Allegations that a prisoner lacked enough funds to purchase paper, pen and envelopes may be insufficient to allege that the prisoner was unable to pursue a nonfrivolous, direct criminal appeal, habeas corpus or civil-rights challenge to his conditions of confinement, as required to allege a violation of his constitutional right to meaningful access to the courts. Allegedly, the plaintiff's mother purchased life insurance, and when she passed away the plaintiff received $14,448 in life insurance benefits. The State of Connecticut sued the plaintiff inmate, to recoup the life insurance benefits and to use them toward costs of prison, pursuant to Connecticut General Statutes §18-85a. The plaintiff reached a settlement with the State of Connecticut, then sued the defendant commissioner of the Department of Correction. The plaintiff's complaint alleged that because the plaintiff did not qualify as an indigent, because he had more than $5 in his prison bank account, he was required to choose between his constitutional right to purchase medical items and his constitutional right of access to courts, which requires the purchase of paper, pens and envelopes. "[T]o establish the objective element of an Eighth Amendment claim, a prisoner must prove that the conditions of his confinement violate contemporary standards of decency," pursuant to Phelps v. Kapnolas, a 2002 decision of the 2nd Circuit. The plaintiff possesses both an Eighth Amendment right to humane conditions of confinement and the right of access to the courts, to attack his criminal conviction or to challenge conditions of confinement. The court found that the plaintiff's complaint did not adequately allege that the plaintiff was unable to pursue a nonfrivolous direct criminal appeal, habeas corpus or civil-rights challenge to his conditions of confinement, as required to allege a violation of his right to meaningful access to the courts. The plaintiff has not adequately alleged that he has been forced to choose between constitutionally protected rights. He also failed to adequately allege that the State of Connecticut's policy about indigent prisoners is not constitutional, because it forces the plaintiff and other inmates to choose among constitutional rights. The court granted the defendant's motion to strike.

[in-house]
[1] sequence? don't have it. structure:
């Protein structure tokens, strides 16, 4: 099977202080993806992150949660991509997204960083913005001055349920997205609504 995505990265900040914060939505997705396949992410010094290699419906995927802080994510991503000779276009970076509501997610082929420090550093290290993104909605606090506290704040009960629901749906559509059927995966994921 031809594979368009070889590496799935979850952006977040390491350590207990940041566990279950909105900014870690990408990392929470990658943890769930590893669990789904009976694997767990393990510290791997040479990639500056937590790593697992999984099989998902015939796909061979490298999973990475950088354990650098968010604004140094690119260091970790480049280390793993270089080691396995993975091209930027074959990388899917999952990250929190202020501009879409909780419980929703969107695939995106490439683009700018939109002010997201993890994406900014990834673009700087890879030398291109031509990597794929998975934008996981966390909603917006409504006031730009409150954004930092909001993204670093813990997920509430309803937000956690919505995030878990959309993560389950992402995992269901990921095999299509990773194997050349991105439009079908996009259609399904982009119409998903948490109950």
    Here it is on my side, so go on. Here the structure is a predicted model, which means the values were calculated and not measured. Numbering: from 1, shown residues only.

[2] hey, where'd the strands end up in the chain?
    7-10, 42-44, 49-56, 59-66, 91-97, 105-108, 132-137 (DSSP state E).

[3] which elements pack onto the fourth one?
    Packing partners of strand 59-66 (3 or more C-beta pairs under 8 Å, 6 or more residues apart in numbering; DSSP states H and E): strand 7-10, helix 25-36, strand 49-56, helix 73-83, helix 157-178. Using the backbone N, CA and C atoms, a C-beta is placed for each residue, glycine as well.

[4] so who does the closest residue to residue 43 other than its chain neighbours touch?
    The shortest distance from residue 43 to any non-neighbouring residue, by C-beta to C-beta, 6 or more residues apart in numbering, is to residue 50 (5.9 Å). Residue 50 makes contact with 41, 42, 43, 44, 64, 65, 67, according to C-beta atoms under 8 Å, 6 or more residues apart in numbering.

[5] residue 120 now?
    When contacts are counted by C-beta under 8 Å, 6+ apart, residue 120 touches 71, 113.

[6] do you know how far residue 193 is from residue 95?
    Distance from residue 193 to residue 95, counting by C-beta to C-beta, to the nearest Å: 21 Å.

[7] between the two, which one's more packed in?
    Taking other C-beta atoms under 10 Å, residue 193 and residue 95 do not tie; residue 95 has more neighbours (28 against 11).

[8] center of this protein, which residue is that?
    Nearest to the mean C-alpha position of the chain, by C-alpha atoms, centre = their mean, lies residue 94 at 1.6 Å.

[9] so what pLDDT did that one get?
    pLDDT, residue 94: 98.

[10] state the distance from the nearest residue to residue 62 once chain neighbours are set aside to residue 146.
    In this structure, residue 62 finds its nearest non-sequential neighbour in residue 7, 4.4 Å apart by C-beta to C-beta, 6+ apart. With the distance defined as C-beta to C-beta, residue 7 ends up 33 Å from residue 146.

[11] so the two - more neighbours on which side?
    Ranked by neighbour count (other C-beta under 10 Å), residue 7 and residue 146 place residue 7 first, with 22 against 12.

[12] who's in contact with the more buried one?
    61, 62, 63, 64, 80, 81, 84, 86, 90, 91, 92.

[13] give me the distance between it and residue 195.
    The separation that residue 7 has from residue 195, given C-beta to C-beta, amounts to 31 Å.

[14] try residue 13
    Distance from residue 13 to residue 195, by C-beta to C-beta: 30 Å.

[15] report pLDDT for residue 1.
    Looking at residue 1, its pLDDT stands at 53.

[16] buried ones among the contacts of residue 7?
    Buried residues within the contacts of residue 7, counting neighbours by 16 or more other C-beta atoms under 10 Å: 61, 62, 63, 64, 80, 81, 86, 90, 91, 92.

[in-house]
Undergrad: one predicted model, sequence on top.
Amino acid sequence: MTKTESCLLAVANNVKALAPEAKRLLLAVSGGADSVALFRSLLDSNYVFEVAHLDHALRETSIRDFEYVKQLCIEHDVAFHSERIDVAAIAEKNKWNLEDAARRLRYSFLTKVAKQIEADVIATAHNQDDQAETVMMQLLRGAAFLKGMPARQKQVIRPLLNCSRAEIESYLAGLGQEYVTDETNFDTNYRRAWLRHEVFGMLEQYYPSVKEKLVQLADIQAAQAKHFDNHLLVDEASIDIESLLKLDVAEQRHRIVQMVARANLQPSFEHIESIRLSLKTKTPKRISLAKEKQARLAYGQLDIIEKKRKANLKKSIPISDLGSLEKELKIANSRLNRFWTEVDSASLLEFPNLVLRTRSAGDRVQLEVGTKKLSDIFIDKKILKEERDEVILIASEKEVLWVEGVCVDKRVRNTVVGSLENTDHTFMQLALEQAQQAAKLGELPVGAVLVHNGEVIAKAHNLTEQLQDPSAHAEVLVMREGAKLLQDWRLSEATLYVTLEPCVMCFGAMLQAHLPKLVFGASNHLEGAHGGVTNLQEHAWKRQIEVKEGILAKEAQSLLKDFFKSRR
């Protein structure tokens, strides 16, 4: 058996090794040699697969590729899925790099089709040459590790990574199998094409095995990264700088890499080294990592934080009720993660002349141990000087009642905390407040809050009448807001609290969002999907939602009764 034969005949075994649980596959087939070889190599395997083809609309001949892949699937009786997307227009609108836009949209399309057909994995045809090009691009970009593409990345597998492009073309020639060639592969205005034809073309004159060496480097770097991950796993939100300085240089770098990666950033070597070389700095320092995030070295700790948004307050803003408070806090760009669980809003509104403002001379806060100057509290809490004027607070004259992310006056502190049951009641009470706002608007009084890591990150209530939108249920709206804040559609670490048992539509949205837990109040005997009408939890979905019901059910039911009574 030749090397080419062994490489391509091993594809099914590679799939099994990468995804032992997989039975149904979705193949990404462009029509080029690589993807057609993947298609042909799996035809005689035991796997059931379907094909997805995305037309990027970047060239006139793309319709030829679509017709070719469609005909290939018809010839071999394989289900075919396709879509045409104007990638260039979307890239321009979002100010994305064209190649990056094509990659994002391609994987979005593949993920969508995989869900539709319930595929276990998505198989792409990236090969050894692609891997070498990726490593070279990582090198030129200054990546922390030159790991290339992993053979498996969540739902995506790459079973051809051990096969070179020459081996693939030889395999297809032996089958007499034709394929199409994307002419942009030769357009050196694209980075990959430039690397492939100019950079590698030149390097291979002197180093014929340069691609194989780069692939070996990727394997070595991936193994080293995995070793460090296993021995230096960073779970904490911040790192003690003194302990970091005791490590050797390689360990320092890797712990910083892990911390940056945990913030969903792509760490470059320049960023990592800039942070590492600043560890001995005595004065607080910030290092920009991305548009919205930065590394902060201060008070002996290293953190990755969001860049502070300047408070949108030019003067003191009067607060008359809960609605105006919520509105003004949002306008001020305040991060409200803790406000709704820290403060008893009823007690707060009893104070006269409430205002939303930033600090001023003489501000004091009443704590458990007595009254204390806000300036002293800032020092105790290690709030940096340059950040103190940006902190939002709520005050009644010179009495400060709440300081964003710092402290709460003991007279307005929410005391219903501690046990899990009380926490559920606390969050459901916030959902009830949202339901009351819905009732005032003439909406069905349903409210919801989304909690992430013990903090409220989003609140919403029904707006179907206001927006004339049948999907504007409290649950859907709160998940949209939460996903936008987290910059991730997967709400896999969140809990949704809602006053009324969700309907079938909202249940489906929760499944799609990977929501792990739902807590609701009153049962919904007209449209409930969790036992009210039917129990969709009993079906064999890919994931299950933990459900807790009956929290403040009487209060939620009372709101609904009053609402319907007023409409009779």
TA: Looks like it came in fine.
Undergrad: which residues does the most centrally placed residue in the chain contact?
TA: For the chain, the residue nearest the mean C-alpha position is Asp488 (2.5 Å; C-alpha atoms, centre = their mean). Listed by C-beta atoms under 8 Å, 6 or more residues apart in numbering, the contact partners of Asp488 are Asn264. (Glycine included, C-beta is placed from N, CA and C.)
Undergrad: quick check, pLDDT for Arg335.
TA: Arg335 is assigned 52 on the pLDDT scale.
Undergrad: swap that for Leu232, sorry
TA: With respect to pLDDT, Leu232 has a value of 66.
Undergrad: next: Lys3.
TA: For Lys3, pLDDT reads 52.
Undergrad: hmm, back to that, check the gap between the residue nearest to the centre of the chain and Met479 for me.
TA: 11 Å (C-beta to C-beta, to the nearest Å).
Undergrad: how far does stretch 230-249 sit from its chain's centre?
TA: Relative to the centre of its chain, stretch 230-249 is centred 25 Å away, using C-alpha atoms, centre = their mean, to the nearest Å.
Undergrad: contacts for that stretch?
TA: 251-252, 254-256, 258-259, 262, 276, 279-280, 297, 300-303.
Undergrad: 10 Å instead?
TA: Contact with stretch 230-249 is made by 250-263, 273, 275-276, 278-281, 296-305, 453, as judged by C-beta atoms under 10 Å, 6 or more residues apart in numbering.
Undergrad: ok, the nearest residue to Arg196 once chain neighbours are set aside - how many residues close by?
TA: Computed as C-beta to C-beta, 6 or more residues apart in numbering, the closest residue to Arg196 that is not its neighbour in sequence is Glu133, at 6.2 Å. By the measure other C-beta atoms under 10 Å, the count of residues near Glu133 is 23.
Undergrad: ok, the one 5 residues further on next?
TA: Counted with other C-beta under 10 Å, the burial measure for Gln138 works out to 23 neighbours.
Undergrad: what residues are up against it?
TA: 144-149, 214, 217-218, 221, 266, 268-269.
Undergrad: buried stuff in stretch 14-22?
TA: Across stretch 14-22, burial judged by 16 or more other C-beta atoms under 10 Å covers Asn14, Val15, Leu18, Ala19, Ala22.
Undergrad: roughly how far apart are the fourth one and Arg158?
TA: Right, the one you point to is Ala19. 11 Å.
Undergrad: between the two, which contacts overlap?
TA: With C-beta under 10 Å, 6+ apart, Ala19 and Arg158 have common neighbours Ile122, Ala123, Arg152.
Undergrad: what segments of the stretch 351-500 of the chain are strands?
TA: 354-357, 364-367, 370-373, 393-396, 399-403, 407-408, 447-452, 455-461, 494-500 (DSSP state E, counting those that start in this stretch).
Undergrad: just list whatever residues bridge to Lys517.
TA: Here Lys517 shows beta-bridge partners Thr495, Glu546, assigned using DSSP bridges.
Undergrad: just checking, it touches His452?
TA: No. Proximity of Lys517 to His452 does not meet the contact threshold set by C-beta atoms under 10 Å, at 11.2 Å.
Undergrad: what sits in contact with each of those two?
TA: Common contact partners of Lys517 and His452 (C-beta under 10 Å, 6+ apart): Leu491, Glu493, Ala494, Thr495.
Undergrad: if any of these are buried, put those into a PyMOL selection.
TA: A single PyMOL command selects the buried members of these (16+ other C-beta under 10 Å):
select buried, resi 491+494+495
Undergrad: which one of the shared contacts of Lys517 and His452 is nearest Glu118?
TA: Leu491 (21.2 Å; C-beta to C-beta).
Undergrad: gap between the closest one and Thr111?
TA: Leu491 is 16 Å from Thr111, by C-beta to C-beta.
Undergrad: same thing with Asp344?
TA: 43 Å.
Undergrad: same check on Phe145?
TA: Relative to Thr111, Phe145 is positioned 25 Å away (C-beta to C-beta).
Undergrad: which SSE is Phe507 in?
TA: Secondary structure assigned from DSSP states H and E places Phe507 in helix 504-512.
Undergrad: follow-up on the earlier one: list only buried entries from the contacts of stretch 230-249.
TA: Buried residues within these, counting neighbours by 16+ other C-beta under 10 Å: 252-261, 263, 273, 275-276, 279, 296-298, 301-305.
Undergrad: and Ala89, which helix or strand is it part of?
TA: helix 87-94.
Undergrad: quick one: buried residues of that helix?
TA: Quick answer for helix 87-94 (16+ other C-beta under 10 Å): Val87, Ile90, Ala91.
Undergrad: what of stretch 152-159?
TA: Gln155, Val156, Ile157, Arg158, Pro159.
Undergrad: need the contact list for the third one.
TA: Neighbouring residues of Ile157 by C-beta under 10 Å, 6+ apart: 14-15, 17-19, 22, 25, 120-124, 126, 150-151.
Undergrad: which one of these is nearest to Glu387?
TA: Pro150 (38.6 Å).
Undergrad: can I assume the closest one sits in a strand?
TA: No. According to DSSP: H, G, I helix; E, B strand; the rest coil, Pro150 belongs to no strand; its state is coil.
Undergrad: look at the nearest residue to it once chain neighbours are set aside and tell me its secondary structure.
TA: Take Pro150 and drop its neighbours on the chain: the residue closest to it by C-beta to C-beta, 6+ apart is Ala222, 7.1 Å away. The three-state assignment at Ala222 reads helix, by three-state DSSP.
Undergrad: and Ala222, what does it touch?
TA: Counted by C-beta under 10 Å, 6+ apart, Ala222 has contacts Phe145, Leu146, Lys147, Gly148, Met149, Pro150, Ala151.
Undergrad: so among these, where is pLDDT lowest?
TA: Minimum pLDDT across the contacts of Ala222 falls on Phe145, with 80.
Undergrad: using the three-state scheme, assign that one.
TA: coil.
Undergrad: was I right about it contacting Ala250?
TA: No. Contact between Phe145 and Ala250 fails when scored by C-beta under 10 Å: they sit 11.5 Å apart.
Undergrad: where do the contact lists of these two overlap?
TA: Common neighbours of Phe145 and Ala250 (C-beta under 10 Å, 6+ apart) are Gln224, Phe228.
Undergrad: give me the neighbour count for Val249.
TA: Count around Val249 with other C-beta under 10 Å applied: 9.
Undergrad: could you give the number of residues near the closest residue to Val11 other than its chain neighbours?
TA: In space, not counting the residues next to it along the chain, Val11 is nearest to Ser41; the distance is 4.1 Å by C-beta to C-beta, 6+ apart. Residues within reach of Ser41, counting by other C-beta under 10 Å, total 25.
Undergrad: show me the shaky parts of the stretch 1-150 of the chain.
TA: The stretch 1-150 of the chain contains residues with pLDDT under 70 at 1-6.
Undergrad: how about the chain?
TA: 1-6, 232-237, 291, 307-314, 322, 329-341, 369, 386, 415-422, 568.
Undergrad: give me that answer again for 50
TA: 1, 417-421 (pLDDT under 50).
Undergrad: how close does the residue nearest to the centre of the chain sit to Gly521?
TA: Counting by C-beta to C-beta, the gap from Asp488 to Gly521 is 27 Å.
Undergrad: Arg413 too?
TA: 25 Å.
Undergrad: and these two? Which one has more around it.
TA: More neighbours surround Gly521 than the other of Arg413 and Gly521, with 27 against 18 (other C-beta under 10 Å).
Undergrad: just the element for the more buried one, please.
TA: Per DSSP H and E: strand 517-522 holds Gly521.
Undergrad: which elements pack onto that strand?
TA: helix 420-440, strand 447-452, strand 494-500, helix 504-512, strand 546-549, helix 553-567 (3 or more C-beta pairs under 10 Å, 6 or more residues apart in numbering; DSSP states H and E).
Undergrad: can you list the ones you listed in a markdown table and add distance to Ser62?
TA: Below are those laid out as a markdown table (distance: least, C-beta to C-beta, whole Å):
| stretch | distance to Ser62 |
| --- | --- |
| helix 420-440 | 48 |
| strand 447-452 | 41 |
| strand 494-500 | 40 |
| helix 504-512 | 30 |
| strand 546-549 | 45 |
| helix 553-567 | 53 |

VIEW FULL CASE